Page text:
Skipping breakfast may be hardening your arteries. Here’s why

Not a fan of eating breakfast? A new medical study warns that you may be at a higher risk of blocked arteries.

They say breakfast is the most important meal of the day because it fuels your body. But what about your arteries and heart health?

A new study is warning that skipping breakfast may be increasing your risk of atherosclerosis, which is when your arteries harden and narrow as they build up with plaque.

Scientists out of Mount Sinai Heart in New York City say that those who forgo breakfast are more likely to end up with a higher waist circumference, body mass index, blood pressure, blood lipids and fasting glucose levels.

They’re even more likely to have an overall unhealthy lifestyle, from diet to alcohol consumption and even smoking.

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“Aside from the direct association with cardiovascular risk factors, skipping breakfast might serve as a marker for a generally unhealthy diet or lifestyle which in turn is associated with the development and progression of atherosclerosis,” Dr. Jose Penalvo, an assistant professor at Tufts University and senior author of the study, said.

“Our findings are important for health professionals and might be used as a simple message for lifestyle-based interventions and public health strategies, as well as informing dietary recommendations and guidelines,” Penalvo said.

Scientists pored over questionnaires about diet and lifestyle filled out by 4,052 adults without any history of heart problems.

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Turns out, only about three per cent of people said they skipped breakfast, while 69 per cent typically ate a light morning meal and 28 per cent loaded up on a hearty breakfast.

Those who skipped breakfast would turn to a coffee or orange juice instead. They were more likely to be men, smokers and dieters. Instead of eating breakfast, they’d load up on a large lunch.

It was breakfast-skippers who were most at risk of atherosclerosis, being overweight or even obese.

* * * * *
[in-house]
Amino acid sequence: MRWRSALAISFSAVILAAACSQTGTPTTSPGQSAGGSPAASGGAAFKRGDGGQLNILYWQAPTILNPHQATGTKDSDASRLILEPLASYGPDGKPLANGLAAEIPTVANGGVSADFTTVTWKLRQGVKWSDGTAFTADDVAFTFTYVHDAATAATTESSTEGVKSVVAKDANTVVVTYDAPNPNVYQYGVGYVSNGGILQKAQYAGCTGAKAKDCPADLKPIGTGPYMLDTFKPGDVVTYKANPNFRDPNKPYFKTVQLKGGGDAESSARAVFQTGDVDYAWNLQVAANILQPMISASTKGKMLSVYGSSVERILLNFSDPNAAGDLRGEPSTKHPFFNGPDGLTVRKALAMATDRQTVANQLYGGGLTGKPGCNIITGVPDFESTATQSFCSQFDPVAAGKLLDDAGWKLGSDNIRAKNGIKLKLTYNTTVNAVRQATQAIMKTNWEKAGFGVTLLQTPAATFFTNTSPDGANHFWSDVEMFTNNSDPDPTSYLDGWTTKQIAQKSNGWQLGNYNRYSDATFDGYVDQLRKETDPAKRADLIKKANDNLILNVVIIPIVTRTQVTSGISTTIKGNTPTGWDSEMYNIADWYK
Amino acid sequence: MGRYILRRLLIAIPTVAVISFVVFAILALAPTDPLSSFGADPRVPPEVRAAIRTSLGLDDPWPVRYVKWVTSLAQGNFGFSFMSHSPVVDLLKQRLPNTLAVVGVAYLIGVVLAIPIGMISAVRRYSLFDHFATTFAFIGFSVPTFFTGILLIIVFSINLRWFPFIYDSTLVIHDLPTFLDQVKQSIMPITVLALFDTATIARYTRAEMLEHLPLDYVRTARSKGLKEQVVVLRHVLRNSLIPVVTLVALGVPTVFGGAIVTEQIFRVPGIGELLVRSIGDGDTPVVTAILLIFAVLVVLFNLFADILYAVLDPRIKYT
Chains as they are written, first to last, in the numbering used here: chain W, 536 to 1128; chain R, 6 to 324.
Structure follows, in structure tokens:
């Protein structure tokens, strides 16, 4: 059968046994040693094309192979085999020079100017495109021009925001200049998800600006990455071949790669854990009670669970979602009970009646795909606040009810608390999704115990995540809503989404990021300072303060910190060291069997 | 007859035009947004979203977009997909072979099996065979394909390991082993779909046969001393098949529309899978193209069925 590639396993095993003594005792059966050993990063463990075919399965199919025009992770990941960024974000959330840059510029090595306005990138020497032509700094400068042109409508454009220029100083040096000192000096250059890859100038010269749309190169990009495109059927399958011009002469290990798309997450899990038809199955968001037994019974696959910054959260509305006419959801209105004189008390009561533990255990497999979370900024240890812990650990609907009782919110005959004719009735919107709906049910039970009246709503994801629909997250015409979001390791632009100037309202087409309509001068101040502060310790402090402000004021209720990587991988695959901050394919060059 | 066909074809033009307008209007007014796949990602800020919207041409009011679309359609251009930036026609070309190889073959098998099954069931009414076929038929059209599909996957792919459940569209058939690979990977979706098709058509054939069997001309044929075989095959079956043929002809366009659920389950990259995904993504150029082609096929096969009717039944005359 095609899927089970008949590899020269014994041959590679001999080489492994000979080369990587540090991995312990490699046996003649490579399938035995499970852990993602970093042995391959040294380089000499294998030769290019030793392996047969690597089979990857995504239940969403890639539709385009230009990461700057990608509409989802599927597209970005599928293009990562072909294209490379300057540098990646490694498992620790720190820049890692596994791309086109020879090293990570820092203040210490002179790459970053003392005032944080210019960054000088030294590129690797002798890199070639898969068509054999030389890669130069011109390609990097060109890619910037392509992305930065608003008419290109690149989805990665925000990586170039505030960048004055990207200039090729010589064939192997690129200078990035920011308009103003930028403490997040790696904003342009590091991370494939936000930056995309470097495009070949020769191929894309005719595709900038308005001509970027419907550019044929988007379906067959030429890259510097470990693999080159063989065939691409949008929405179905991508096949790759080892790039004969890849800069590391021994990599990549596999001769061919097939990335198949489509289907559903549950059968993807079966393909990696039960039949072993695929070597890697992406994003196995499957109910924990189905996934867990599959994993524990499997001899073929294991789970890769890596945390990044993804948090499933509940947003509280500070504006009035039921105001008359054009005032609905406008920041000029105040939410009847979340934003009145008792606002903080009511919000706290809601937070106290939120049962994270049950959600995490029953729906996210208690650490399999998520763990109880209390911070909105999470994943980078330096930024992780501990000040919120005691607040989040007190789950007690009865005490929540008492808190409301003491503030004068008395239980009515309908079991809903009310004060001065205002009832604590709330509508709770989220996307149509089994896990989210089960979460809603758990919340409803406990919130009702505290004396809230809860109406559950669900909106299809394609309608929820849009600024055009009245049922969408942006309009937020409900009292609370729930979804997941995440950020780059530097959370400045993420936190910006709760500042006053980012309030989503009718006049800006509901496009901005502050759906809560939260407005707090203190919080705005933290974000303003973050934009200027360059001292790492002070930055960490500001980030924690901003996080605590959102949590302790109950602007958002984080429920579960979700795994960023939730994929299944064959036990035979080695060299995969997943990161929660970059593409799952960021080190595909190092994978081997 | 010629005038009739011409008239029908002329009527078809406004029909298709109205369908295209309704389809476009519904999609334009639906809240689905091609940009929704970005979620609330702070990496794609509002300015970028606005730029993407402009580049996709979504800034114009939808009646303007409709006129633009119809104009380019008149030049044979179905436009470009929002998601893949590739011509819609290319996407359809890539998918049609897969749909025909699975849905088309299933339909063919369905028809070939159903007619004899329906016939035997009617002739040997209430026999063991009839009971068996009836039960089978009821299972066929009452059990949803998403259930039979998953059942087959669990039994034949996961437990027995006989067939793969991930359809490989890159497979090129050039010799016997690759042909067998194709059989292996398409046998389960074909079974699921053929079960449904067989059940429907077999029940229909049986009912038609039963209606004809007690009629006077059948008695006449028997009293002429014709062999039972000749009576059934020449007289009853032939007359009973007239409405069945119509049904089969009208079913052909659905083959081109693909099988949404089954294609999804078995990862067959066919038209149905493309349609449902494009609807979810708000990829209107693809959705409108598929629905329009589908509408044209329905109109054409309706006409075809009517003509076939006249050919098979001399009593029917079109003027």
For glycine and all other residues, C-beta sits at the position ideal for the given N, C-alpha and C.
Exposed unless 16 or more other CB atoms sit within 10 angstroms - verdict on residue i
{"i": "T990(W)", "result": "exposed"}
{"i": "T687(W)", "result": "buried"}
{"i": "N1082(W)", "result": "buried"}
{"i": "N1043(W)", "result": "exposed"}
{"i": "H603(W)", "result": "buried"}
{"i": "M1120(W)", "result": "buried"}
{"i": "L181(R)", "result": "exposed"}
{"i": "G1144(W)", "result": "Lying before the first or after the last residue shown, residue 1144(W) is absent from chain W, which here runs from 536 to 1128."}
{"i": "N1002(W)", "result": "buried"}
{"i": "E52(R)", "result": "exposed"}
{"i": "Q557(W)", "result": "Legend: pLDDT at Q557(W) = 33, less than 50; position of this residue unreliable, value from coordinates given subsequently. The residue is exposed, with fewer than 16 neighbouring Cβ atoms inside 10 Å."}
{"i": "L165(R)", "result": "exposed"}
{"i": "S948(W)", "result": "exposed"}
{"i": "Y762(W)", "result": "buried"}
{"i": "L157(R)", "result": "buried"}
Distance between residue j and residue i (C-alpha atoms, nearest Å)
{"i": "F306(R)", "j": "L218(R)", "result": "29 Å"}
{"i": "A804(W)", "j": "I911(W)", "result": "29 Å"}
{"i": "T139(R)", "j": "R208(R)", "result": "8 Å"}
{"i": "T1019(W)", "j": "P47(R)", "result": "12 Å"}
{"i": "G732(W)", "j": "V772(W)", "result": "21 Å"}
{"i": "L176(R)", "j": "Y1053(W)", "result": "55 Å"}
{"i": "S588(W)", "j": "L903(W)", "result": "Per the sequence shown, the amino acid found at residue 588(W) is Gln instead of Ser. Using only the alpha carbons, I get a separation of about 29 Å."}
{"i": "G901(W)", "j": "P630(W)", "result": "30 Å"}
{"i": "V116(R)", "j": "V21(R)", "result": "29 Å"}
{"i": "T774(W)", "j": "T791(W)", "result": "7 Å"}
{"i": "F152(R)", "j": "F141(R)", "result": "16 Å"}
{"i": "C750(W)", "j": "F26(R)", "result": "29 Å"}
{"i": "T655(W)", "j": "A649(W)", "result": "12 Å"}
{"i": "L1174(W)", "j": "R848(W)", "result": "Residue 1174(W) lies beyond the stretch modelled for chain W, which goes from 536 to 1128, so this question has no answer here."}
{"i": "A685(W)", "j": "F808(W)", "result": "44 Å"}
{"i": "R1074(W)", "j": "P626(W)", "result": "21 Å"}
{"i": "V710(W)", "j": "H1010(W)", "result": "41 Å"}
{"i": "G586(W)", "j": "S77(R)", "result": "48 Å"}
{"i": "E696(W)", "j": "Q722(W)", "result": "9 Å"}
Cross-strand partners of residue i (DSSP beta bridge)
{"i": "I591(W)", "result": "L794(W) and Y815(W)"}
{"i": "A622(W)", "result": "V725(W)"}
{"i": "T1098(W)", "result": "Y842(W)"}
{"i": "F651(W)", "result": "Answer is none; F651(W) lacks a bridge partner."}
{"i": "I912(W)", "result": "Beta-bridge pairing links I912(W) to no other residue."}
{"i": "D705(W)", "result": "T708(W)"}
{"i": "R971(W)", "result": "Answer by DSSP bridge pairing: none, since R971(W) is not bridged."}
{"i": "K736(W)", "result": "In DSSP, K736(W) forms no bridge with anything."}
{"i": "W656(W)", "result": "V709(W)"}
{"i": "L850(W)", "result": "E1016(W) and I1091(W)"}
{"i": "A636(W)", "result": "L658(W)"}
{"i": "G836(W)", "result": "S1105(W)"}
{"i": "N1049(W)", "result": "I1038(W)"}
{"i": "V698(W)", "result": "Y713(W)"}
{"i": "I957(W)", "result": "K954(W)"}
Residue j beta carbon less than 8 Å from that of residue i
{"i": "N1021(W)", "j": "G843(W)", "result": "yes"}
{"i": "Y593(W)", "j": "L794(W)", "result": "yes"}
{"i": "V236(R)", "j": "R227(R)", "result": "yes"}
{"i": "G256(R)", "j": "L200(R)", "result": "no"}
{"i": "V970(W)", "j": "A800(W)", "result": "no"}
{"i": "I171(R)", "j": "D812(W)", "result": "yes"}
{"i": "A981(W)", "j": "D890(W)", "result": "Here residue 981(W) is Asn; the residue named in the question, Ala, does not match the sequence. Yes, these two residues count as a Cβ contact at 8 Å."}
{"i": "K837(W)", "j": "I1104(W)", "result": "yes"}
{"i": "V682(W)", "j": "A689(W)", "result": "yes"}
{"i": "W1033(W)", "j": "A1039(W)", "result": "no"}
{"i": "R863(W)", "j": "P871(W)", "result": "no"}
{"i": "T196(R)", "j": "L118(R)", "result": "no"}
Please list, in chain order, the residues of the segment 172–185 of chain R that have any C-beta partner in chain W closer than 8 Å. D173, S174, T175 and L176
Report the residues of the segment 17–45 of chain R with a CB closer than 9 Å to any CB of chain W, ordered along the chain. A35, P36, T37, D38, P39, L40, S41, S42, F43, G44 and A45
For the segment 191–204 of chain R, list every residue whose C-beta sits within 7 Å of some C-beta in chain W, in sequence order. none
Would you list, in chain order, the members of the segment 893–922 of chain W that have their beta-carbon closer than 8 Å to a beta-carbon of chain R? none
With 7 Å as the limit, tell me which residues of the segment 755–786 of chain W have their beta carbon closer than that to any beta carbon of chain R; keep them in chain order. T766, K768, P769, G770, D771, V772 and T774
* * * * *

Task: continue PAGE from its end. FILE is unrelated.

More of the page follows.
A limitation of the study is that some people may have been skipping breakfast because they were obese and were trying to lose weight or improve other risk factors for heart disease that could also contribute to atherosclerosis, the authors note.

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Canadian nutritionists say breakfast is the most important meal of the day – it provides your body with fuel and revs up your metabolism, setting the tone for your appetite and cravings for the rest of your day.

“Breakfast skippers are more likely to be overweight and miss out on important nutrients like calcium. Research shows that people who skip breakfast tend to eat more calories later in the day. Often these aren’t healthy calories … they’re from snack foods,” warned Christy Brissette, a Toronto-based registered dietitian and president of 80 Twenty Nutrition.

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Your breakfast determines your blood sugar levels, fat burning and energy, according to Kirstin Schell, a personal trainer, nutritionist and project manager at Goodlife Fitness. She’s been with the company for 15 years.

“If one starts by consuming lots of sugar in the morning – for example, a bowl of sugary cereal with skim milk – then it will create an energy roller coaster effect with lots of highs and lows,” she explained.

When you’re hungry again after gorging on bacon and white toast, it’s your blood sugar levels spiking and crashing.

The full findings were published in the Journal of the American College of Cardiology.

With files from Reuters

© 2017 Global News, a division of Corus Entertainment Inc.

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